The conviction of Tiwonge Chimbalanga and Steven Monjeza for sodomy in 2010 attracted international attention it even became a subject of discussion between United Nations Secretary General Ban Ki- Moon who met former President Bingu wa Mutharika in Lilongwe.
In the end, clearly at Ban’s urging and on top of a raft of donor threats, Mutharika pardoned the two.
But even then, he still insisted that “these boys committed a crime against our culture, our religion and our laws.”
He was right. Or wasn’t he? People’s perception of homosexuality in Malawi has revolved around culture, religion and law. Of the three, the law is what can be changed easily but not culture or religion.
Yet there has been no commitment by political leaders to change the outdated sodomy law that was introduced by colonial governments who found the practice prevalent in most African societies.
Around the continent, anti-gay voices have come from some leaders either by consenting to laws against the practice or criticising the practice as un-African: Zimbabwe’s Robert Mugabe, former Nigeria president Goodluck Jonathan and Uganda’s Yoweri Museveni have all been critical of homosexuality.
More extreme among these voices is the one from Ghambia’s Yahya Jahmmeh who called for “gay people’s throats to be slit”.
Actions by donors have only gone to give these voices a basis. It is not unusual for some donors to use gay rights as a condition to open aid taps.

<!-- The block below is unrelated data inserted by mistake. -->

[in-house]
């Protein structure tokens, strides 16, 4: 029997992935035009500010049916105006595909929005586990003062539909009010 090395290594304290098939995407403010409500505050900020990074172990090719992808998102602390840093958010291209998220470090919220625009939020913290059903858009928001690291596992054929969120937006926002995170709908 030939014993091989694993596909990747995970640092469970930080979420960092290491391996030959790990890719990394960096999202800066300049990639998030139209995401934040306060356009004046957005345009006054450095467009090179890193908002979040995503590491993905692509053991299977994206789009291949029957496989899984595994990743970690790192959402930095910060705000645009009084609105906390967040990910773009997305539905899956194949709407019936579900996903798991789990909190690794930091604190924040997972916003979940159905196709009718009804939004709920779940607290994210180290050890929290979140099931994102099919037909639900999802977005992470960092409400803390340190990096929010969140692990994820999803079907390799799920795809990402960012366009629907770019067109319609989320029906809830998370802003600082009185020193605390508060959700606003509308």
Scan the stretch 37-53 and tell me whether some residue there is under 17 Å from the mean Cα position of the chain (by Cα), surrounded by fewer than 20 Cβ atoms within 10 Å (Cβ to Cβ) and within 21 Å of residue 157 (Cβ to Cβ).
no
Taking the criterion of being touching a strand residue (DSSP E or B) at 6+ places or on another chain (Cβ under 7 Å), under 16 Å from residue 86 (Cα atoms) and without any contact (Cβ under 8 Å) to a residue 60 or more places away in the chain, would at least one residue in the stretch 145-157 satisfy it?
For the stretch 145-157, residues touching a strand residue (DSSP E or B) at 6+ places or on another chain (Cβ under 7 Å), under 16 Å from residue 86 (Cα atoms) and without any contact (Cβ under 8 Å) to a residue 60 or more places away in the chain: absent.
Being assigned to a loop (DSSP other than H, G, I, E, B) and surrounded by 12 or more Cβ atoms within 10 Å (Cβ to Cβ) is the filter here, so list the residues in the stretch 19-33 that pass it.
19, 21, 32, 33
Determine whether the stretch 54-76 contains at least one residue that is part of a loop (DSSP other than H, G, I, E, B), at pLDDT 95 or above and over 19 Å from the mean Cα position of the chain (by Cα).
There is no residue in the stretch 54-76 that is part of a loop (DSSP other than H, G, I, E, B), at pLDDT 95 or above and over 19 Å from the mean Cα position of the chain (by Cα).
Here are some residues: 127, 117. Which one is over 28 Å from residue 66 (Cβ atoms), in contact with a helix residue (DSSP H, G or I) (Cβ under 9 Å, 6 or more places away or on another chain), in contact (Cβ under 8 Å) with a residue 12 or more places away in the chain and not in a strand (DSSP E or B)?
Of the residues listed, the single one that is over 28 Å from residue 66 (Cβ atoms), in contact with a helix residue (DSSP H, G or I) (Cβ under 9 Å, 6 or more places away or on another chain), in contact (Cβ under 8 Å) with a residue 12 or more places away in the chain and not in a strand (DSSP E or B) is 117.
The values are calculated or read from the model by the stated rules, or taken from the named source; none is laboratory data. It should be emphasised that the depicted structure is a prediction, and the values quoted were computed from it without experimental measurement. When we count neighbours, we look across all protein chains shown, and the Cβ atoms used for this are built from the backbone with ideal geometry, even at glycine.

In turn, African leaders have so often used the unpopularity of gay issues to discredit both the donors and the practice and win the support of their people who would apparently be prejudiced by the so called laws, culture and religion.
So, two fronts emerge: CSOs and donors on one side and leaders or governments and the people on the other.
In Malawi, political leaders have skirted around the issue by claiming that it is only Malawians’ views that will be respected. This would mean a referendum. But would a referendum be in favour of gay rights in Malawi?
President Peter Mutharika took this referendum position prior to the elections last year clearly knowing well that Malawi cannot afford a luxury of such a referendum when, after 51 years of independence, the country cannot fund its own elections.
As homosexuality is an issue of law, one would expect that members of Parliament are better placed to provide direction in decriminalising same sex relationships and change the law. But this is yet to be debated exhaustively in Parliament. After all, those MPs are people first before they are MPs.
In this cycle, Civil Society Organsations (CSOs) – who have taken up the task of advancing the rights of minority groups –should accept criticism for their half-hearted approach in concluding the gay rights issue.
In 2014, Secretary for Justice and Solicitor General Janet Chikaya-Banda told the United Nations Human Rights Committee that “the police were ordered to stop arresting people who engage in same-sex sexual activity.” This meant anti-gay laws which target lesbians, gays, bisexual, transgender and intersex individuals were suspended but not repealed.
Did the CSOs use this as platform for their campaign?
For all we know, the CSOs seem to usually come to life when the international community shows interest. But they fail to seize the opportunity and utilise that momentum to have the issue concluded.